Since 1986, Pizza Patrón has been committed to making its promise of “Más Pizza. Menos Dinero.®” a reality for every customer.  From the beginning, the brand has been recognized for its ‘fresh-dough’ pizza, its low prices and its trademark “friendly, bicultural service.”  In 2007, the company drew international media attention with its PIZZA POR PESOS® program when it began accepting Mexican Pesos at all of its restaurants.  In 2012, the company’s PIZZA POR FAVOR™ promotion that gave free pizzas to anyone who ordered in Spanish sparked international news coverage and lively debate throughout the U.S.  Today, Pizza Patrón is the leading Mexican pizza brand in the U.S. and remains dedicated to bringing its unique experience to life with every pizza made, and in every community it serves.

Website – www.pizzapatron.com

Facebook – http://www.facebook.com/pizzapatron

Twitter – http://www.twitter.com/pizzapatron

Pizza Patrón slices franchising operation, preps for growth

posted on January 16th 2014 /

By KAREN ROBINSON-JACOBS
Staff Writer
krjacobs@dallasnews.com

 

A worker at the Pizza Patrón on busy Buckner Boulevard retrieves two ready-to-go pizzas from a warming oven, hands them to a hungry diner and calls out “lista,” the Spanish word for ready.

It’s a signal to the cook that more no-wait pizzas are needed.

It’s also the state in which the chain’s founder, Antonio Swad, finds himself.

Last year Swad mothballed Pizza Patrón’s franchise recruiting operation and closed 20 underperforming locations. More than a dozen franchisees have left the system, some with hard feelings.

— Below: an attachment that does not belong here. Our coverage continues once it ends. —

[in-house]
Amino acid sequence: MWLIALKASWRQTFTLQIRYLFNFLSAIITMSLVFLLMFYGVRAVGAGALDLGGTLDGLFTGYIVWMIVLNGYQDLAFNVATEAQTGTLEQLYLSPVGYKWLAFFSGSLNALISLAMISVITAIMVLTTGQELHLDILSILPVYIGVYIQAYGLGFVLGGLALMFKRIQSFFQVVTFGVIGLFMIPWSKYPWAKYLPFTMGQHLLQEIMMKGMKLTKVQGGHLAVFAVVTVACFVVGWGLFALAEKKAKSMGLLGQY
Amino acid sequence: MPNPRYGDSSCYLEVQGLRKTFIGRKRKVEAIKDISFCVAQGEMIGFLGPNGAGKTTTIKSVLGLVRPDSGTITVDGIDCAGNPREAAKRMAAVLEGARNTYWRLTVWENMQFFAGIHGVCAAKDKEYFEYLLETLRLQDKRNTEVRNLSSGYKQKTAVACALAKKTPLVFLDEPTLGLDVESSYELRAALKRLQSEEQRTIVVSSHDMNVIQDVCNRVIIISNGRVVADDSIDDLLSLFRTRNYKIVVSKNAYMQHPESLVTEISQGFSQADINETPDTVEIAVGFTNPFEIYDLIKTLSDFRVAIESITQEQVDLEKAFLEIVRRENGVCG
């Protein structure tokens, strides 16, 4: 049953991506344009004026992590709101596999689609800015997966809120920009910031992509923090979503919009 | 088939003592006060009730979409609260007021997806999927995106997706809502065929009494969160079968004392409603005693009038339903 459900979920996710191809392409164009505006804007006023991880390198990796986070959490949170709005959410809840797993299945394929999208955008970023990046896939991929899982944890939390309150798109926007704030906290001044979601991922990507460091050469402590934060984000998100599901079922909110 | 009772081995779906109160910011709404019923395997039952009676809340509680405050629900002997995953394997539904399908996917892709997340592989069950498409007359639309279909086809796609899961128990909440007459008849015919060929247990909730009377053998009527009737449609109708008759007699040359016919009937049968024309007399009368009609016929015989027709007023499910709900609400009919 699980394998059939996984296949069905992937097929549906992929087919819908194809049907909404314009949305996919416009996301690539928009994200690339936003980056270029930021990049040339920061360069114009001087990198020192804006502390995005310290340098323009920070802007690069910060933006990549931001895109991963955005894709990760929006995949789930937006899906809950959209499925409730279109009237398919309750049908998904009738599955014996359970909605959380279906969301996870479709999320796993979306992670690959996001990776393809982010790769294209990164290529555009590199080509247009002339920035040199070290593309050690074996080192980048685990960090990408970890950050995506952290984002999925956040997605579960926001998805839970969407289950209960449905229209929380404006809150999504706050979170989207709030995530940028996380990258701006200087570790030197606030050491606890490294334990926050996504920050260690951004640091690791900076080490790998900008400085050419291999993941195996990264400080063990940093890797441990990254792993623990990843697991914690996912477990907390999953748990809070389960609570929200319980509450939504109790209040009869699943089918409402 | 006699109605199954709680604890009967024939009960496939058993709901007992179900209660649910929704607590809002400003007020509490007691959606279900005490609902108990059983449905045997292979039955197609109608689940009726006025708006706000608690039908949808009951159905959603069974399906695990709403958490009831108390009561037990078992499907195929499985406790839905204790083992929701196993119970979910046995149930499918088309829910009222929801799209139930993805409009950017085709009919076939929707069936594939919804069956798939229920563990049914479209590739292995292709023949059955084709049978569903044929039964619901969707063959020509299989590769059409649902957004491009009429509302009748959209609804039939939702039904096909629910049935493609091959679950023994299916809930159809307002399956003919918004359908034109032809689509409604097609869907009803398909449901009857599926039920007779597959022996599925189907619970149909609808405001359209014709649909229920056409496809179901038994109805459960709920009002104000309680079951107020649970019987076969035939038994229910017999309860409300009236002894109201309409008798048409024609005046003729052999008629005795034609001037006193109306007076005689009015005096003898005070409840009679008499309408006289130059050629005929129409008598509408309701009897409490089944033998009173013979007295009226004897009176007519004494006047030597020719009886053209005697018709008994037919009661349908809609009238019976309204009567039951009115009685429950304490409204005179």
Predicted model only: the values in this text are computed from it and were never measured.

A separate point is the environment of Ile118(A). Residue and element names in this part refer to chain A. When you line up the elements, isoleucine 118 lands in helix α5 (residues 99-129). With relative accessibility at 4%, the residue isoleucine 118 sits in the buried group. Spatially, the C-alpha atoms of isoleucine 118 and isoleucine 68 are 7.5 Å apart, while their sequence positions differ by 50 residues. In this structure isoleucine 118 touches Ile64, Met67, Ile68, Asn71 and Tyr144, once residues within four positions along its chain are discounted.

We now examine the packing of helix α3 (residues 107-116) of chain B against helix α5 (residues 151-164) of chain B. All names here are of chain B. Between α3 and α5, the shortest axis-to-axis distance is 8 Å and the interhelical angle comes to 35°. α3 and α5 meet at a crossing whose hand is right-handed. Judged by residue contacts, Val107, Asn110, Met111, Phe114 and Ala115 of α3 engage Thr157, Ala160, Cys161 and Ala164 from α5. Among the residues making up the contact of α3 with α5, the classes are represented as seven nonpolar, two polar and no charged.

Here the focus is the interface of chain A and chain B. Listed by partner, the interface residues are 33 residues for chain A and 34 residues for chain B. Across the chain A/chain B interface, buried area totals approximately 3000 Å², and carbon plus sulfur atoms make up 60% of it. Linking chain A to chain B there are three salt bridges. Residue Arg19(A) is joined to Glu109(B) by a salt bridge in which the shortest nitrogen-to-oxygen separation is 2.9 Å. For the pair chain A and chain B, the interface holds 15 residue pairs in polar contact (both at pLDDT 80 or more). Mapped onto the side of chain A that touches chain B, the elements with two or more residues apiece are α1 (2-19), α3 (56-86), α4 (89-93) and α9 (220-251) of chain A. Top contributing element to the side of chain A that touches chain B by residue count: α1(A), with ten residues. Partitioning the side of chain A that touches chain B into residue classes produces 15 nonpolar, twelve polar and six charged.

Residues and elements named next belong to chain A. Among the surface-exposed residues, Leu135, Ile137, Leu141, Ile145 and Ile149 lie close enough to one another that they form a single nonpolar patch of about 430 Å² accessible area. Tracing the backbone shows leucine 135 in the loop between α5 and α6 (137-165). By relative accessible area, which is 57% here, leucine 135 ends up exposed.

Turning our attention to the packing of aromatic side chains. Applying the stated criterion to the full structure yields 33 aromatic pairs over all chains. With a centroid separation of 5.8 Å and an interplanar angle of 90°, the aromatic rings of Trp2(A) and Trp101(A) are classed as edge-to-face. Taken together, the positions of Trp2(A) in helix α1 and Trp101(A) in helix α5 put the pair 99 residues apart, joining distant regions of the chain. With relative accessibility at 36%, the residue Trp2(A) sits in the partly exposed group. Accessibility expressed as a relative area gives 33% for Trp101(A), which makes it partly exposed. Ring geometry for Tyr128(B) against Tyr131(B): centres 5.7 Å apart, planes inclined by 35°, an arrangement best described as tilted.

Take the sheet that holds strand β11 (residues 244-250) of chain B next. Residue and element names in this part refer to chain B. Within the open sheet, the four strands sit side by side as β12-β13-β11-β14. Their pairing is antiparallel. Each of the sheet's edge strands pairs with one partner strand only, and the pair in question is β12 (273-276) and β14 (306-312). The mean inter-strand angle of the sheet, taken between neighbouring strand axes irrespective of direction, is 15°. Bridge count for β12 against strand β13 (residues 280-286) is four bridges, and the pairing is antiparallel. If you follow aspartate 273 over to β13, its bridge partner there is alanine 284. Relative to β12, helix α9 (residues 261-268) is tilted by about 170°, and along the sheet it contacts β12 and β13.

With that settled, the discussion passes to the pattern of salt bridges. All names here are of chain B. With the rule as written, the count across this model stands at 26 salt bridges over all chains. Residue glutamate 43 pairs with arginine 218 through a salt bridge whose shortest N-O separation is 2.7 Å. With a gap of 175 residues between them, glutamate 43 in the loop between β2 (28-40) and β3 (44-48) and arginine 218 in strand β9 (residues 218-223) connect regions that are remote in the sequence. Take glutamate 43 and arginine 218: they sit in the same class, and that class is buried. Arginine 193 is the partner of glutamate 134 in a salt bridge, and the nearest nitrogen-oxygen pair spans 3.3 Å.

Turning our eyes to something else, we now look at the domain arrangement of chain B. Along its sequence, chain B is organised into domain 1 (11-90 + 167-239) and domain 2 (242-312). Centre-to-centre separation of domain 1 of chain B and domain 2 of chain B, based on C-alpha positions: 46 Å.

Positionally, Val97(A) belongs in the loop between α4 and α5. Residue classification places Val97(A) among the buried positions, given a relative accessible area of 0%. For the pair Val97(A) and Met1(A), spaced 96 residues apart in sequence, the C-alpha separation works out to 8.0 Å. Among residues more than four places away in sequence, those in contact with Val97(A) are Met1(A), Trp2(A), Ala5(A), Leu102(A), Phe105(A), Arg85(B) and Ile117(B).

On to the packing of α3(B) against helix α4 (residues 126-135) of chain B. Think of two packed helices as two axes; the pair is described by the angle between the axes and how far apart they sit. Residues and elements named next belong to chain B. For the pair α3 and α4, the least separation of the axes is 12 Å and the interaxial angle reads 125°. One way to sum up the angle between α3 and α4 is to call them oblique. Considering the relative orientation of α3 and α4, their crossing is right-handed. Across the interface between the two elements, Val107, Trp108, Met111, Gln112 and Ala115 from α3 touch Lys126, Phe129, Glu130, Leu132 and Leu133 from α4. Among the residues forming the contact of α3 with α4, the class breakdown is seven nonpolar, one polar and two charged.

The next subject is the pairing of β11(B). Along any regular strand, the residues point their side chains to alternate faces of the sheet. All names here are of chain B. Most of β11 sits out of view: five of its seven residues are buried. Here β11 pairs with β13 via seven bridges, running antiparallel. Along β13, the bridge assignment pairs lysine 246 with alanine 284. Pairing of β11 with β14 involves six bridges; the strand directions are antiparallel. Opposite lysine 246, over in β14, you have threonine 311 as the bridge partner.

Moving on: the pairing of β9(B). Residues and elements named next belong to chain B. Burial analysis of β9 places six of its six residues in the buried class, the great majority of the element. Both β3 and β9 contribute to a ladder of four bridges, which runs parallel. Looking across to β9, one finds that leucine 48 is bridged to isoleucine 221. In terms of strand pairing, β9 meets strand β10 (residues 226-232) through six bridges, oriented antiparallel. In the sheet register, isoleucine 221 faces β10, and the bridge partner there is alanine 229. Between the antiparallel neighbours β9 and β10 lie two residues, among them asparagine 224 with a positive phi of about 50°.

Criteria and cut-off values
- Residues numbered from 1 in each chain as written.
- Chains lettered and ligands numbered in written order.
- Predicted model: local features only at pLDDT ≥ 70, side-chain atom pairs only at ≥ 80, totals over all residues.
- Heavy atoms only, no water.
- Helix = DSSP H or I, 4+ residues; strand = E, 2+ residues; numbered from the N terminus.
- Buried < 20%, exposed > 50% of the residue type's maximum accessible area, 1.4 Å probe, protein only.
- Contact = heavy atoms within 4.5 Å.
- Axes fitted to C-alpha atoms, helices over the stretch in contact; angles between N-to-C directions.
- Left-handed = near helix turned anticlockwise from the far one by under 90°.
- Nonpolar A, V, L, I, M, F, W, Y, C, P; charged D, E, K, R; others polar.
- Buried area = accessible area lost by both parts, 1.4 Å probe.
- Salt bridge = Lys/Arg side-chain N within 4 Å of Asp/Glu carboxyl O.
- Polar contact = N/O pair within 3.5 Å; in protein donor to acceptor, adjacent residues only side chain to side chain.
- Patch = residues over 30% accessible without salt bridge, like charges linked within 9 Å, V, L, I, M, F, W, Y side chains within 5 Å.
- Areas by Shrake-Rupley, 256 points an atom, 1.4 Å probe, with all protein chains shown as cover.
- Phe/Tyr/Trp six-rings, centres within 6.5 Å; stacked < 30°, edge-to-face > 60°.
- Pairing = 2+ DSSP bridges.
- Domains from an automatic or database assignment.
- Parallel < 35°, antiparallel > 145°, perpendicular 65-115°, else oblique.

Now, Swad says he’s ready to move into the chain’s next phase. It’s planning to open company-owned locations for the first time.

“The reasons that we made the decisions we made are solid,” said Swad, who leads a Latin-themed business but speaks only poquito Spanish. “We’re a company that’s really on the move.”

Founded in 1986 in Pleasant Grove, Pizza Patrón is not subtle about courting its core customer. The motto is in Spanish: “Más Pizza. Menos Dinero” (More Pizza. Less Money).

The Dallas-based chain, which now has 89 locations, mostly in Texas, sparked a firestorm of controversy in 2007 when it allowed customers to pay with Mexican pesos.

Swad followed that gambit in 2012 with a “pizza por favor” promotion that gave free pizzas to anyone who ordered in Spanish.

As hundreds lined up for free food, Internet posters lobbed angry comments that inevitably led to a debate about immigration.

Pizza Patrón’s radio ads are solely focused on the Mexican-American audience. They are laced with Mexican alburear, or humor, said Andrew Gamm, the chain’s brand director.